Gazetteer and Business Directory of Allegany County, N. Y. for 1875

Author: Hamilton Child

Publisher: Palala Press

ISBN:

Category:

Page:

View: 654

This work has been selected by scholars as being culturally important, and is part of the knowledge base of civilization as we know it. This work was reproduced from the original artifact, and remains as true to the original work as possible. Therefore, you will see the original copyright references, library stamps (as most of these works have been housed in our most important libraries around the world), and other notations in the work. This work is in the public domain in the United States of America, and possibly other nations. Within the United States, you may freely copy and distribute this work, as no entity (individual or corporate) has a copyright on the body of the work. As a reproduction of a historical artifact, this work may contain missing or blurred pages, poor pictures, errant marks, etc. Scholars believe, and we concur, that this work is important enough to be preserved, reproduced, and made generally available to the public. We appreciate your support of the preservation process, and thank you for being an important part of keeping this knowledge alive and relevant.

Handbook of the Linguistic Atlas of the Middle and South Atlantic States

Author: William A. Kretzschmar

Publisher: University of Chicago Press

ISBN:

Category: Language Arts & Disciplines

Page: 454

View: 223

Who uses "skeeter hawk," "snake doctor," and "dragonfly" to refer to the same insect? Who says "gum band" instead of "rubber band"? The answers can be found in the Linguistic Atlas of the Middle and South Atlantic States (LAMSAS), the largest single survey of regional and social differences in spoken American English. It covers the region from New York state to northern Florida and from the coastline to the borders of Ohio and Kentucky. Through interviews with nearly twelve hundred people conducted during the 1930s and 1940s, the LAMSAS mapped regional variations in vocabulary, grammar, and pronunciation at a time when population movements were more limited than they are today, thus providing a unique look at the correspondence of language and settlement patterns. This handbook is an essential guide to the LAMSAS project, laying out its history and describing its scope and methodology. In addition, the handbook reveals biographical information about the informants and social histories of the communities in which they lived, including primary settlement areas of the original colonies. Dialectologists will rely on it for understanding the LAMSAS, and historians will find it valuable for its original historical research. Since much of the LAMSAS questionnaire concerns rural terms, the data collected from the interviews can pinpoint such language differences as those between areas of plantation and small-farm agriculture. For example, LAMSAS reveals that two waves of settlement through the Appalachians created two distinct speech types. Settlers coming into Georgia and other parts of the Upper South through the Shenandoah Valley and on to the western side of the mountain range had a Pennsylvania-influenced dialect, and were typically small farmers. Those who settled the Deep South in the rich lowlands and plateaus tended to be plantation farmers from Virginia and the Carolinas who retained the vocabulary and speech patterns of coastal areas. With these revealing findings, the LAMSAS represents a benchmark study of the English language, and this handbook is an indispensable guide to its riches.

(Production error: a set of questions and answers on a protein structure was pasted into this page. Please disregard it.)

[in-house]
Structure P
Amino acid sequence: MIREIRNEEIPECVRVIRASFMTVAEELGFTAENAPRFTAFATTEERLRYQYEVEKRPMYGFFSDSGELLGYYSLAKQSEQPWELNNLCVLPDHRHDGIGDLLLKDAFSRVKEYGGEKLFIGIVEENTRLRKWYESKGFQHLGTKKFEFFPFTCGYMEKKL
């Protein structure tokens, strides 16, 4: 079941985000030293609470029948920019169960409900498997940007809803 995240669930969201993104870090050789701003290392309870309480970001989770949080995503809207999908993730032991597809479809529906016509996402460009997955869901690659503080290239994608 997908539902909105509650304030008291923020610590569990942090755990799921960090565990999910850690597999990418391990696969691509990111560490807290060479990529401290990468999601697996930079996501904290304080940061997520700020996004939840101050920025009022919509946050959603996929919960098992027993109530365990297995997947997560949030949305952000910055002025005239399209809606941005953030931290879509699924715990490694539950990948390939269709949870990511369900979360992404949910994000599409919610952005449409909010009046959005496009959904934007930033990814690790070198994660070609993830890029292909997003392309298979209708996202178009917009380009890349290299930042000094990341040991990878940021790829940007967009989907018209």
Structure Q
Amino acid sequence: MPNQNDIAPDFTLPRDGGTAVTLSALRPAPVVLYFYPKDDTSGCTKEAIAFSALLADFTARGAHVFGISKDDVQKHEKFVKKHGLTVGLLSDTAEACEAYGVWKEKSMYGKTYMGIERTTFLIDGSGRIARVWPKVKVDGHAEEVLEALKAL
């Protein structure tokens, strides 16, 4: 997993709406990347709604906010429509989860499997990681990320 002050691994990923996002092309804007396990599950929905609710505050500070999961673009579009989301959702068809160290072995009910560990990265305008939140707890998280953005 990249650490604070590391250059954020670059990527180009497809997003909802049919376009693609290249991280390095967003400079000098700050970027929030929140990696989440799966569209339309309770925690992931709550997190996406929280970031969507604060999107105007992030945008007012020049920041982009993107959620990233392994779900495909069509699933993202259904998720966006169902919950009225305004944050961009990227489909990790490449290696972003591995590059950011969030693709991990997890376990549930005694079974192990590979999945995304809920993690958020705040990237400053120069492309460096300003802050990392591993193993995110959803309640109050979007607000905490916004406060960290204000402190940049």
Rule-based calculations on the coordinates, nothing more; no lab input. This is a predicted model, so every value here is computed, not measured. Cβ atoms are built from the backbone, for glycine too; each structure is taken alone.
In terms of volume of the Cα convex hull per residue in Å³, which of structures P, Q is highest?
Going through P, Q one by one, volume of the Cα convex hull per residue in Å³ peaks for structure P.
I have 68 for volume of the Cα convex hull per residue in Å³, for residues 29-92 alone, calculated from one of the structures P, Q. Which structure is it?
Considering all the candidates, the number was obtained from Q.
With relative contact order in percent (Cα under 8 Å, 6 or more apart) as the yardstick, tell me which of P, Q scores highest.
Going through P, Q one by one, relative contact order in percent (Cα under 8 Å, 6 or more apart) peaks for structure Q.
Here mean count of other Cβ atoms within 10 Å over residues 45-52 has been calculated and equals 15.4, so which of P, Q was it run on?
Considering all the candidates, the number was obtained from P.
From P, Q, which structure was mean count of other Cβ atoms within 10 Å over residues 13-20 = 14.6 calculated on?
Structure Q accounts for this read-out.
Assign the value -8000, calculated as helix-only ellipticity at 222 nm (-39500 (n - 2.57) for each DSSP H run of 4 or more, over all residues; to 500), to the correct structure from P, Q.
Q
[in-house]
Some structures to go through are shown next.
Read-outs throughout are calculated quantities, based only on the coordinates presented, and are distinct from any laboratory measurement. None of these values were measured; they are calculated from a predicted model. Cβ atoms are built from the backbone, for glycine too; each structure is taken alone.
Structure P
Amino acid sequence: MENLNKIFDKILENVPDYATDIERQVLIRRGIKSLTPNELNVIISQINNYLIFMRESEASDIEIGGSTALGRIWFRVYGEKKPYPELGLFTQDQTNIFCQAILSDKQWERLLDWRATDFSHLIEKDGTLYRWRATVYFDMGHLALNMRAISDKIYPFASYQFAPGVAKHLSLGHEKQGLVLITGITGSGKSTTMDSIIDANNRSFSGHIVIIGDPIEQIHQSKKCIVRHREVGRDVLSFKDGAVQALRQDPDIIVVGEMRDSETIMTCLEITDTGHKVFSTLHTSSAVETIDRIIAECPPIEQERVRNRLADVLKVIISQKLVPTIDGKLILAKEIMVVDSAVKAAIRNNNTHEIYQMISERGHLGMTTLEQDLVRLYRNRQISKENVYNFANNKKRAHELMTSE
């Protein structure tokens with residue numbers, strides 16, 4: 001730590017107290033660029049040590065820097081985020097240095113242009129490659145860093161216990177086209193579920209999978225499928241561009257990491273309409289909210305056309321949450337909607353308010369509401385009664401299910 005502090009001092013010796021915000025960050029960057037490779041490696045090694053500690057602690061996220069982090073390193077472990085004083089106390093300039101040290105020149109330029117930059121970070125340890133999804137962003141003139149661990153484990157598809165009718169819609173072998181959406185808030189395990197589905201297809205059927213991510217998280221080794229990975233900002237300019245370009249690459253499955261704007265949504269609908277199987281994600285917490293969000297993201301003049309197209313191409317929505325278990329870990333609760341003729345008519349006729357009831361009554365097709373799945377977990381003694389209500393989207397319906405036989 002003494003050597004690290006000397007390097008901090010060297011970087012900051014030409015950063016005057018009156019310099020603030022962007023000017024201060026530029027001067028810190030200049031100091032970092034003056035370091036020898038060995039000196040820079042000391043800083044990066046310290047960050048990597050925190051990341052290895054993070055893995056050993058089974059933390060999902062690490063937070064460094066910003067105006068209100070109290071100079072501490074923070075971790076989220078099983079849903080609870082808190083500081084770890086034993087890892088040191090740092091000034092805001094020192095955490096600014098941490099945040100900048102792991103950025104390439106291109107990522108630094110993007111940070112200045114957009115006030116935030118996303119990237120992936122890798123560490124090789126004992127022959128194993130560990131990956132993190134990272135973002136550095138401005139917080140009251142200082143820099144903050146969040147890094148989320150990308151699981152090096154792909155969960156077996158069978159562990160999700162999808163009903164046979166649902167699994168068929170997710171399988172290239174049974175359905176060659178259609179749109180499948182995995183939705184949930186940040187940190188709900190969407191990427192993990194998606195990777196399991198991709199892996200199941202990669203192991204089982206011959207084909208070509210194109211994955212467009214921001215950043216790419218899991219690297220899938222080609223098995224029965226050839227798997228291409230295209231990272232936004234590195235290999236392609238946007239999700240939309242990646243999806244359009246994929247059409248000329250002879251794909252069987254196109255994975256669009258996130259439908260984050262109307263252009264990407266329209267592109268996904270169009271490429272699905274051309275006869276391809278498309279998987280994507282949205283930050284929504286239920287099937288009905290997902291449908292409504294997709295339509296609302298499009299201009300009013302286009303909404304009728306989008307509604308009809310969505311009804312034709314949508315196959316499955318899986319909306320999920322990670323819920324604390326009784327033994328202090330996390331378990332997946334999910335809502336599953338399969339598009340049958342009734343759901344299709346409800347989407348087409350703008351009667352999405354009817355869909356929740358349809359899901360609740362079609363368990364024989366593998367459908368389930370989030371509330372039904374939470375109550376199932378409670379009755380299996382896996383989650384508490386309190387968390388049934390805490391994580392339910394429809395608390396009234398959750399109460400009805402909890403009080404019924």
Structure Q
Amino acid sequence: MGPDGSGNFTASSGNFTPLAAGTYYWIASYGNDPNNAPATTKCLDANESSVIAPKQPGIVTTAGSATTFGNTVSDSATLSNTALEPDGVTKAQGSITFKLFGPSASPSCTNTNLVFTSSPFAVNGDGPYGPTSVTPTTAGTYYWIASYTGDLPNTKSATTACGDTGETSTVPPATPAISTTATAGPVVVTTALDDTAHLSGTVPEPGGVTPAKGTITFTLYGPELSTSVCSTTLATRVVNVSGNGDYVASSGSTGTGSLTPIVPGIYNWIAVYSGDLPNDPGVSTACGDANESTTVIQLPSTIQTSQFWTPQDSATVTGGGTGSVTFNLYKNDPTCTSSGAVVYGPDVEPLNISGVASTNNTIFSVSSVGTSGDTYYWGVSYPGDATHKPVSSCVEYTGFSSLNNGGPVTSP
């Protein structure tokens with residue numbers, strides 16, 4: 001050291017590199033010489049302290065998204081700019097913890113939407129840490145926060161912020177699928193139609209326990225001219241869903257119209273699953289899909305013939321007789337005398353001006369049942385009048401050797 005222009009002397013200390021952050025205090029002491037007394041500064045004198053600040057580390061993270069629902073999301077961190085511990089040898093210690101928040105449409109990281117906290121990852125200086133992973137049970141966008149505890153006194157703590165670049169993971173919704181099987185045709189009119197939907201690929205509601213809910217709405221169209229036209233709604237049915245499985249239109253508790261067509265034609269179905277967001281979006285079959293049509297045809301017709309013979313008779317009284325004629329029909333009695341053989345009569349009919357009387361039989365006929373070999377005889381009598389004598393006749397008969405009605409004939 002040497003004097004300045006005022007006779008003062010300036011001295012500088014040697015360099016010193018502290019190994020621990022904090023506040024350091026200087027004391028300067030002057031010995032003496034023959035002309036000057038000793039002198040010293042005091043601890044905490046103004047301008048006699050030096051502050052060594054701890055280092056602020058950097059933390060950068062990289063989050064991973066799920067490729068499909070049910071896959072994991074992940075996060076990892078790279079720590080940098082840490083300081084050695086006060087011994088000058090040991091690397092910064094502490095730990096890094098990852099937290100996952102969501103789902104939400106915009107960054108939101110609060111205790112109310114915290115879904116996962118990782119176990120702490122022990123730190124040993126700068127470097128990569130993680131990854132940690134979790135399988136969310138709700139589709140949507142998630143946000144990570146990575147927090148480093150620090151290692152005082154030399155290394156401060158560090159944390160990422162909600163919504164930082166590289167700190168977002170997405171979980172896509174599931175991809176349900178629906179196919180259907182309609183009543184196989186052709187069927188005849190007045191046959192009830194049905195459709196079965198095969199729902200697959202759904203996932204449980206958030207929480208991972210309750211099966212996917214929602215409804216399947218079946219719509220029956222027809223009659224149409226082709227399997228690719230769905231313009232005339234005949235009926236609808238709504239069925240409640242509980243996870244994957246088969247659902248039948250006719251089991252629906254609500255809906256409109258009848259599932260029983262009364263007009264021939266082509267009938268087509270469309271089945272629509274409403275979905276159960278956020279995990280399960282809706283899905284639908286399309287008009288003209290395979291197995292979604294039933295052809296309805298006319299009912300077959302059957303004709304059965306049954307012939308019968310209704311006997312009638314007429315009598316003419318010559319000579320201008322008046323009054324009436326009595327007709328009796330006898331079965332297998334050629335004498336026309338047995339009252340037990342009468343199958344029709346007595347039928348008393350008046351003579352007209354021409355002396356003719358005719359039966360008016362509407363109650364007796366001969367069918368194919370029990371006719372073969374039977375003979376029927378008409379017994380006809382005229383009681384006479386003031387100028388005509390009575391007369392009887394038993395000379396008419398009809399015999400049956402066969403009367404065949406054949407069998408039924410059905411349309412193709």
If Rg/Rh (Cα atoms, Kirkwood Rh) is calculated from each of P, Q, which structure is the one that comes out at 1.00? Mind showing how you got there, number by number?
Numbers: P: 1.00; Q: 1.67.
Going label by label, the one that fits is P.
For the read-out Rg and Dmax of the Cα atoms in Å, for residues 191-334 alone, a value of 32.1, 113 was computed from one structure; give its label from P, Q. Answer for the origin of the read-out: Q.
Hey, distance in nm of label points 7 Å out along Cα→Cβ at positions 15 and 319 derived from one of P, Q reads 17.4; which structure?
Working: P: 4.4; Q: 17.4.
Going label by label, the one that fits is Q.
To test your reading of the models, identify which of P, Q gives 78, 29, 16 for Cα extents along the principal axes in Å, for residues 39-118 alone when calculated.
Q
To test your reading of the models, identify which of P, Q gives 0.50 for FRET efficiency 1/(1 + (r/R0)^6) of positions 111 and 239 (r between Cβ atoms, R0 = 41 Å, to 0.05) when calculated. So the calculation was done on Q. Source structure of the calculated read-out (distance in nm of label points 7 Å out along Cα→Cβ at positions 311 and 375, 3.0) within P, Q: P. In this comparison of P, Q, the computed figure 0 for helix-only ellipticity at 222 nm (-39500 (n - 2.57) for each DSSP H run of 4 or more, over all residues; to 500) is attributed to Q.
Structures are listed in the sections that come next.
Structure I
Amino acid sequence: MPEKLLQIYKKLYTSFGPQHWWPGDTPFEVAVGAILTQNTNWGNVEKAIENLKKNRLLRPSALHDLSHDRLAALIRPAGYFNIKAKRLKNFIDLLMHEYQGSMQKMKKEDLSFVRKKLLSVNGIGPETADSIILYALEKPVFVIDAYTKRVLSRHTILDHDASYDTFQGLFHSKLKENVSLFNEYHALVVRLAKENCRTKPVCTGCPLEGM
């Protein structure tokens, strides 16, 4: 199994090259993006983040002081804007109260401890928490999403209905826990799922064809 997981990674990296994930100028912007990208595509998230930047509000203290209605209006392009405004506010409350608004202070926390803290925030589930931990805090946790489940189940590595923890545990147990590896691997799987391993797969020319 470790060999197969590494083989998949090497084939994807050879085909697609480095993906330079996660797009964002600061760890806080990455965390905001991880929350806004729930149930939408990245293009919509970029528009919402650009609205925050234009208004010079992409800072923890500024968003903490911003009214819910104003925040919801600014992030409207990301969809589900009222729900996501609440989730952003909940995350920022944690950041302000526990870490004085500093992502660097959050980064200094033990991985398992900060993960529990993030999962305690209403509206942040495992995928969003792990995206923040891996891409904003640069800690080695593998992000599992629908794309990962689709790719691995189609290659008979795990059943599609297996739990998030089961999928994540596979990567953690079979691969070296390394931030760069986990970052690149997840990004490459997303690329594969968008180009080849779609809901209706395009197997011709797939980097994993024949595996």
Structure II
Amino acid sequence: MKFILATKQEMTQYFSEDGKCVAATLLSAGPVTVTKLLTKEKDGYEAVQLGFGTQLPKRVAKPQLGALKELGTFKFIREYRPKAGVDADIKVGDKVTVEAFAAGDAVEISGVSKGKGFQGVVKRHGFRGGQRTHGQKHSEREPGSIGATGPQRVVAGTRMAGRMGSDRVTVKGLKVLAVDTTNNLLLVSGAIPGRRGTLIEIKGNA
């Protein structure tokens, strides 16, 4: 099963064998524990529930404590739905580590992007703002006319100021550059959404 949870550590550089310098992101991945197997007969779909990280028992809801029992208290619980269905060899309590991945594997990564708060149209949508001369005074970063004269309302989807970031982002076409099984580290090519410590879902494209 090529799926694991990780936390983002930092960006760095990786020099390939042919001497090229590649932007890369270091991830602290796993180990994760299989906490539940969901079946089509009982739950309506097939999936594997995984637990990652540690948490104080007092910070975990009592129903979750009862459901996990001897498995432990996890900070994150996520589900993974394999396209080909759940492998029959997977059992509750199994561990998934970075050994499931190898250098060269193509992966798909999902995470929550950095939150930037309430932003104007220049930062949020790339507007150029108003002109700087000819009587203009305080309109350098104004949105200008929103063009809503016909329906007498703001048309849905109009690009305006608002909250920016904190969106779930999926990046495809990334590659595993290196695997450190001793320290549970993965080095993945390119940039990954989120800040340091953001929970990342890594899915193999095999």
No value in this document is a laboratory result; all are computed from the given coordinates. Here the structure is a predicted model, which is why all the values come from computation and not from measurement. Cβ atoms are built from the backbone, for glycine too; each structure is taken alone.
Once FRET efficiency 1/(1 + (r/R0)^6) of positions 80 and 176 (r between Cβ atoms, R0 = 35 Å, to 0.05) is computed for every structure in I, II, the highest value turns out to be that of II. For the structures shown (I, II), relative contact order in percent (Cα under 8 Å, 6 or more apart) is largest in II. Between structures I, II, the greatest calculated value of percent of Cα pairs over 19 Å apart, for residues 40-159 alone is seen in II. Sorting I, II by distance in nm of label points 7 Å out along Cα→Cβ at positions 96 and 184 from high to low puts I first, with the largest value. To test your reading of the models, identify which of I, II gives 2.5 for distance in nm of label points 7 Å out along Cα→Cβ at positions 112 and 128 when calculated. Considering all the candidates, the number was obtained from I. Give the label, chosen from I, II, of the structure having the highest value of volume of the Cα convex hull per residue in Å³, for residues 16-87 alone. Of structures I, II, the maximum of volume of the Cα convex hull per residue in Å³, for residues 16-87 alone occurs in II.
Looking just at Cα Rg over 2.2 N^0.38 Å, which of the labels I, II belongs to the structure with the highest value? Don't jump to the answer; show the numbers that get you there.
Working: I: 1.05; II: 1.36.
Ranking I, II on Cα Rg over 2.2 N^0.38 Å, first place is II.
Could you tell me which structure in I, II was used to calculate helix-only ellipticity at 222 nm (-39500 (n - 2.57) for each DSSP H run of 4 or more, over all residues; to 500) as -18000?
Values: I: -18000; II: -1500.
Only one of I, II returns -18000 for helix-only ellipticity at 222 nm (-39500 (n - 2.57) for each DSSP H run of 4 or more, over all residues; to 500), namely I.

Thought Knows No Sex

Women's Rights at Alfred University

Author: Susan Rumsey Strong

Publisher: SUNY Press

ISBN:

Category: Education

Page: 217

View: 950

Grounded in student experiences at nineteenth-century Alfred University, this social history explores the origins of women’s higher education and the rural roots of reform.